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Facebook Pays Teens for Complete Access to Personal Data

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The social media company pays users aged 13 to 35 around $20 per month for full access to their phone activity — including encrypted browsing, private messages and location data — through an app called Facebook Research.

The program, in place since 2016, requires minors to ask parental permission.

Facebook said it doesn’t share the data and users can stop participating at any time.
What about privacy?

Facebook Research is similar to an app Apple banned last summer for exactly those concerns.

While Facebook says the current incarnation doesn’t violate Apple’s terms, one expert calls the scale of its data collection “appalling.”


Learn More:    TechCrunch        Engadget

Teen Who Found FaceTime Bug Will Get a Reward

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Apple has fixed a FaceTime privacy glitch uncovered by a 14-year-old—and the teen is getting a reward for his effort. The glitch could let someone hear live audio on another person’s phone, even though that person hadn’t answered the FaceTime group call, reports CNN. It was also possible in some instances to see live video of the call recipient. Apple rolled out the software updates, iOS 12.1.4 and macOS Mojave 10.14.3, on Thursday. The company was told of the problem last month after Grant Thompson, a 14-year-old in Tucson, discovered it. He reported it to his mother, Michele, who reported it to Apple. Eventually, video demonstrations of the problem went viral.

Apple didn’t publicly address the issue at first but now says it will reward the Thompsons for reporting the bug, per the Verge. The company didn’t say how big the reward will be, though some of the money will be dedicated to Grant’s education. He made the discovery while trying to start a FaceTime group with friends. His mother called, e-mailed, faxed, and tweeted at Apple before the company acknowledged the flaw. (That happened after this 9to5Mac article came out.) Grant told CNBC on Monday that it was “pretty surprising to me that like Apple didn’t get this and a 14-year-old kid found it by accident.“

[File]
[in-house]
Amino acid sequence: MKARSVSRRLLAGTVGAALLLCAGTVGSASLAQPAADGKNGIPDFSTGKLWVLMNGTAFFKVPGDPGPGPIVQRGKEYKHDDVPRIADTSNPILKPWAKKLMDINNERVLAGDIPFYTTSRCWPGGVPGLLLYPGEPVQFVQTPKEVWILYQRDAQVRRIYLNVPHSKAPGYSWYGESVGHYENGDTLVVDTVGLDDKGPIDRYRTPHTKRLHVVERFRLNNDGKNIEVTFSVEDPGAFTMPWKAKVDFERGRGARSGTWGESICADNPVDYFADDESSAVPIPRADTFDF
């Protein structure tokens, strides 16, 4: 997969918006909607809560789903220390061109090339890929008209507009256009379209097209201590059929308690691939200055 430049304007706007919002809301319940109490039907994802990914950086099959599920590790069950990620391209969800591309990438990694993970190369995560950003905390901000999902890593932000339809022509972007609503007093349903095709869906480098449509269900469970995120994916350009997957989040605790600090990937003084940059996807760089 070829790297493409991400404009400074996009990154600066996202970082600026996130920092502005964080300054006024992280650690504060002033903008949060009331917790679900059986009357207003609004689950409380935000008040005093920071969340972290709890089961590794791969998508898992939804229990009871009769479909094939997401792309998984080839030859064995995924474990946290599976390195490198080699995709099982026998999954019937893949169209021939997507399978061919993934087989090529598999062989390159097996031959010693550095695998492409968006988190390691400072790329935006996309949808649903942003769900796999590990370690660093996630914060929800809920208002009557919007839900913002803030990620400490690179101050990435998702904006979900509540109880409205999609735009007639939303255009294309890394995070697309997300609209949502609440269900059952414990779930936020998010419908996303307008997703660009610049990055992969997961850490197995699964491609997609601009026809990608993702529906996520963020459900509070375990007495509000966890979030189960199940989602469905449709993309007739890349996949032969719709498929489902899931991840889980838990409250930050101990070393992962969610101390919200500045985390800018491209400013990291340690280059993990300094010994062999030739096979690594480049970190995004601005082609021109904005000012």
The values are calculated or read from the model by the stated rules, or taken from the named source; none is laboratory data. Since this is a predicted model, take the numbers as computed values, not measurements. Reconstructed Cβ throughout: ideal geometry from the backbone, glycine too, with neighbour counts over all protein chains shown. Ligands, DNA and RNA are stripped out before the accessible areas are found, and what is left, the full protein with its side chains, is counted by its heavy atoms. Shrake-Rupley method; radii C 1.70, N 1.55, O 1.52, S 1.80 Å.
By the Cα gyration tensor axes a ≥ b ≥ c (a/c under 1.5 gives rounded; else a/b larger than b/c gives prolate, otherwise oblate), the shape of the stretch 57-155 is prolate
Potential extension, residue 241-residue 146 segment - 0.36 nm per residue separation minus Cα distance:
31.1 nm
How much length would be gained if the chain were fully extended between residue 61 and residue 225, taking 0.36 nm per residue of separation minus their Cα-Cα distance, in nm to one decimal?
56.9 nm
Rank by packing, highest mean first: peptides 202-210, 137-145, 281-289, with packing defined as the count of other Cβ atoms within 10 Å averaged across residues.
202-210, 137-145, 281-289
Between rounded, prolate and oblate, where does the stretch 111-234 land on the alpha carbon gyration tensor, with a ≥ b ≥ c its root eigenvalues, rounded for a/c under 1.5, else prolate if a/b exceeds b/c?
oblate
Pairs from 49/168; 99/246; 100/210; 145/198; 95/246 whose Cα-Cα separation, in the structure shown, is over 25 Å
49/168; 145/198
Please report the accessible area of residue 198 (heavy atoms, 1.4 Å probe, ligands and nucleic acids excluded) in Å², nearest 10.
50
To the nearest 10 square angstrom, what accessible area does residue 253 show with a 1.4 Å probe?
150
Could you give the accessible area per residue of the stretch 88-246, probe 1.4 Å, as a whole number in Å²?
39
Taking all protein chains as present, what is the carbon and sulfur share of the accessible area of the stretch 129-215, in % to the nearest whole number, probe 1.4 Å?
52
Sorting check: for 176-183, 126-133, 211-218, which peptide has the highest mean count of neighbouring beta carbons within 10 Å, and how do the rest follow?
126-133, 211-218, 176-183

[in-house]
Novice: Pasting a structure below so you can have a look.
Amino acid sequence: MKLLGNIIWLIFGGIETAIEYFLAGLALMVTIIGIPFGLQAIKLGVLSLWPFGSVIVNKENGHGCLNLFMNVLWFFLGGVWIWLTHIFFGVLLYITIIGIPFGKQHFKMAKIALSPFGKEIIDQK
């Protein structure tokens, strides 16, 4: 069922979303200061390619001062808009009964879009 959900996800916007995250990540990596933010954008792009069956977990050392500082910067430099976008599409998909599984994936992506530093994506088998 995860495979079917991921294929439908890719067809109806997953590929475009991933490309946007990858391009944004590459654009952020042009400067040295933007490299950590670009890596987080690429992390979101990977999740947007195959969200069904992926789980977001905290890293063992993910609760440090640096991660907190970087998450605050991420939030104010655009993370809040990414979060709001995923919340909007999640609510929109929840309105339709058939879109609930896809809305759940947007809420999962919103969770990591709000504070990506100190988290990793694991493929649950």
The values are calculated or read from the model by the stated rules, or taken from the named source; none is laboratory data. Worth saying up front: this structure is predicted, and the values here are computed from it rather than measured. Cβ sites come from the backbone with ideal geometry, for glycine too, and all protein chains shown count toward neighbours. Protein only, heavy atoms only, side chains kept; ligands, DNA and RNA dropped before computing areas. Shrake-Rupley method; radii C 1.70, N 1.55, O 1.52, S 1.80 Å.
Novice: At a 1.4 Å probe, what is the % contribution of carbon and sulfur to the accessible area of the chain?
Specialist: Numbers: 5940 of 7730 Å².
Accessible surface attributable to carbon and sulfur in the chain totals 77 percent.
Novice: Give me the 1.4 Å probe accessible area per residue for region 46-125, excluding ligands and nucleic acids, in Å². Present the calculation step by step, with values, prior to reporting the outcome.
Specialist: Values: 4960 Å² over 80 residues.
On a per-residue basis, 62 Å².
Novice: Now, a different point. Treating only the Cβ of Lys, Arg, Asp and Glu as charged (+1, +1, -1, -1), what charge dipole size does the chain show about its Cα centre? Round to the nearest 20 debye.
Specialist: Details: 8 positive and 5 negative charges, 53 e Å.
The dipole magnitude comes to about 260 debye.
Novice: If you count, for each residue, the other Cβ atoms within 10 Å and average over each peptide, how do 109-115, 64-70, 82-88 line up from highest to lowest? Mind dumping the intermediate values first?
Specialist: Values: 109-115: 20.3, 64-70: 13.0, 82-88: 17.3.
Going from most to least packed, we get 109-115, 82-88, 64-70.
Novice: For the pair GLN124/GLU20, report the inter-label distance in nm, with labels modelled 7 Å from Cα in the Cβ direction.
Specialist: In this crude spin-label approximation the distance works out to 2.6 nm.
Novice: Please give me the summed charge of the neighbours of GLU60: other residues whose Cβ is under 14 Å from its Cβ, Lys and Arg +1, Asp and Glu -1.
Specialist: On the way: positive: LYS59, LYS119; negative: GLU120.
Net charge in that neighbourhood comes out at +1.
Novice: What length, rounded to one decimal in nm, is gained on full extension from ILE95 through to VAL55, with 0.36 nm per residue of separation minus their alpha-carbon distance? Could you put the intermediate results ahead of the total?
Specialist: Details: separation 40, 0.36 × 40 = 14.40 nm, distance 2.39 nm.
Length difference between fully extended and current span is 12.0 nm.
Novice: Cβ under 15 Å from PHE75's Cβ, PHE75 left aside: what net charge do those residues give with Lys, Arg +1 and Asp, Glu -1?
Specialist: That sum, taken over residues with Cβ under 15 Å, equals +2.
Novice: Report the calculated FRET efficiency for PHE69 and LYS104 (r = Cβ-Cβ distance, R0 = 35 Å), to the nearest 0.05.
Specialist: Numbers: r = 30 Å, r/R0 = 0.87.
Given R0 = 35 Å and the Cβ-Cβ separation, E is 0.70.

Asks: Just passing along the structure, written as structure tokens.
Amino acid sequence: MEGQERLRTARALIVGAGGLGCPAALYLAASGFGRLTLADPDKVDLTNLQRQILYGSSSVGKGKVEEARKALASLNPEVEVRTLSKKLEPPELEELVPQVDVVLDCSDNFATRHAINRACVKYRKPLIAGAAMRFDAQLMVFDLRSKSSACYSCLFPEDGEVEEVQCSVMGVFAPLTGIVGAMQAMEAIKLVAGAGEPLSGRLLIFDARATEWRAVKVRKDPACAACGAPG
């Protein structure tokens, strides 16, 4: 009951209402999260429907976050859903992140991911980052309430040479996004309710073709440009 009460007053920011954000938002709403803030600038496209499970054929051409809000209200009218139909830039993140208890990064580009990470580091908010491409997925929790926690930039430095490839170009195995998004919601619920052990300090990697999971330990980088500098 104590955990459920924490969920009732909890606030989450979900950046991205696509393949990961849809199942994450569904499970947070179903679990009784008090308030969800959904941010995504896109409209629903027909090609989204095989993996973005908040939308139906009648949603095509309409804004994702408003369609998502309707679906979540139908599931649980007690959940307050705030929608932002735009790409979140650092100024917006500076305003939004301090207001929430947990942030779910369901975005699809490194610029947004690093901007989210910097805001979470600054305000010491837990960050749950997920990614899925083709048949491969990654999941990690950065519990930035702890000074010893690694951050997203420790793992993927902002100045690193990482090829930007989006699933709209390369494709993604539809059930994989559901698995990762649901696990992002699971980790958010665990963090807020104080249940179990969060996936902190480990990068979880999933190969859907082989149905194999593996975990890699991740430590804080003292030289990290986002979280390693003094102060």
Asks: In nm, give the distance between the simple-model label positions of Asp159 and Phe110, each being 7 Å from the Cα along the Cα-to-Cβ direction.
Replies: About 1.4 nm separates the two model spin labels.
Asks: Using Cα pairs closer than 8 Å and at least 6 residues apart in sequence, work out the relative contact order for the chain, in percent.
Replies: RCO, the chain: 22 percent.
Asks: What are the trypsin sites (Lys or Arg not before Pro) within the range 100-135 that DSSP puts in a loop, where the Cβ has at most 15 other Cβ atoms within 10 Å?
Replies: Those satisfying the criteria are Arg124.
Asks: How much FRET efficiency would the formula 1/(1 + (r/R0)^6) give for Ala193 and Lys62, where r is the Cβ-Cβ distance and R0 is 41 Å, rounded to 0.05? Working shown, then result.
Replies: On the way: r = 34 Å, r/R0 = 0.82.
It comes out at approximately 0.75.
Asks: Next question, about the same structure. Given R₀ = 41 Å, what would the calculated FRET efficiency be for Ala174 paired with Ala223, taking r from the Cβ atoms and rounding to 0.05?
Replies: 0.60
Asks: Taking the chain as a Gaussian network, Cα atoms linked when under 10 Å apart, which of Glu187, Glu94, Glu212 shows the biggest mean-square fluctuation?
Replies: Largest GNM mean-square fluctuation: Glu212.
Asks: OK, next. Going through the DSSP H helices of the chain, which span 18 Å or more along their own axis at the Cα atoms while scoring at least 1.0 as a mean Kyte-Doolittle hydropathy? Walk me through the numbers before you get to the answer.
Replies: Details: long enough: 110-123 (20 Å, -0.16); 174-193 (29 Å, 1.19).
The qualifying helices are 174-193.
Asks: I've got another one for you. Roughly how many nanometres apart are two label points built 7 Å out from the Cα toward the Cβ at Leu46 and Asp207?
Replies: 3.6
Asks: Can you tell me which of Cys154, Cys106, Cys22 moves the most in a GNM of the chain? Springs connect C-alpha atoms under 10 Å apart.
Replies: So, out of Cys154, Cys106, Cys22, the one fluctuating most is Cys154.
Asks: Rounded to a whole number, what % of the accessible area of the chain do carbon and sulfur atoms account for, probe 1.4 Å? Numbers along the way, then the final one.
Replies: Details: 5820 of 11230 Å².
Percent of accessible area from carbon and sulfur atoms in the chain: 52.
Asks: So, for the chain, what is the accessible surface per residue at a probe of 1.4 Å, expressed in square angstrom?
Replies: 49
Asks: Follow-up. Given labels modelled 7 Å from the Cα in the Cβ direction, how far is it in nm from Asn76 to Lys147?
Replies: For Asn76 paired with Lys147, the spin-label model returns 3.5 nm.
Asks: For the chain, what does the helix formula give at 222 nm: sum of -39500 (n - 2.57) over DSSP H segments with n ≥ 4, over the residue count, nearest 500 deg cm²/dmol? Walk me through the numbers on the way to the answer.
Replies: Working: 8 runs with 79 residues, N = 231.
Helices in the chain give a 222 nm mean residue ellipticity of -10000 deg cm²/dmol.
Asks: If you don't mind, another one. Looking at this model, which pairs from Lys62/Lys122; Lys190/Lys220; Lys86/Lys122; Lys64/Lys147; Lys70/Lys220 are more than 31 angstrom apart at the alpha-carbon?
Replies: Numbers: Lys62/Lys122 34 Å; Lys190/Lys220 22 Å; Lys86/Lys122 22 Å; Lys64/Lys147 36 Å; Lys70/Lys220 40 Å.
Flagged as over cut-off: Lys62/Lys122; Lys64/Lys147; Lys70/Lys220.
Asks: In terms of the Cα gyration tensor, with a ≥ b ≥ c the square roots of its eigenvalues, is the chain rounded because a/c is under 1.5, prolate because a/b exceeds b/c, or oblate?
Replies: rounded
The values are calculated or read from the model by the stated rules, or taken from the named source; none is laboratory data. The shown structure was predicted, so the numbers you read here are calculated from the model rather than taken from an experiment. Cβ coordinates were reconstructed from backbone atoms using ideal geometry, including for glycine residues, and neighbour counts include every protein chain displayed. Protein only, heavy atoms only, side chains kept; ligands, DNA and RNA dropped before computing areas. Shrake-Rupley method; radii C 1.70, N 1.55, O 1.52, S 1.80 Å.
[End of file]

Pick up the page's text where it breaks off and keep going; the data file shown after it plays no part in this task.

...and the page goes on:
Study: Staring at Screens Stunts Child Development

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Try face time.

Children aged 2 to 5 who spent more than an hour a day in front of televisions and computers scored worse in developmental tests, according to a new study.

The University of Calgary researchers say that’s largely because kids practice fewer basic skills, such as talking, walking and playing, while parked in front of a screen.

Some 98 percent of American children aged 8 and younger spend at least two hours per day on various devices.
What should parents do?

For now, experts suggest no more than one hour per day of screen time, while future research may identify a more precise “tipping point” when screens become harmful.


Learn More:    TechCrunch      Newsweek

FACT CHECK: Facebook’s murky data-sharing practices

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Mark Zuckerberg’s latest attempt to explain Facebook’s data-sharing practices is notable for its omissions as well as what it plays up and plays down.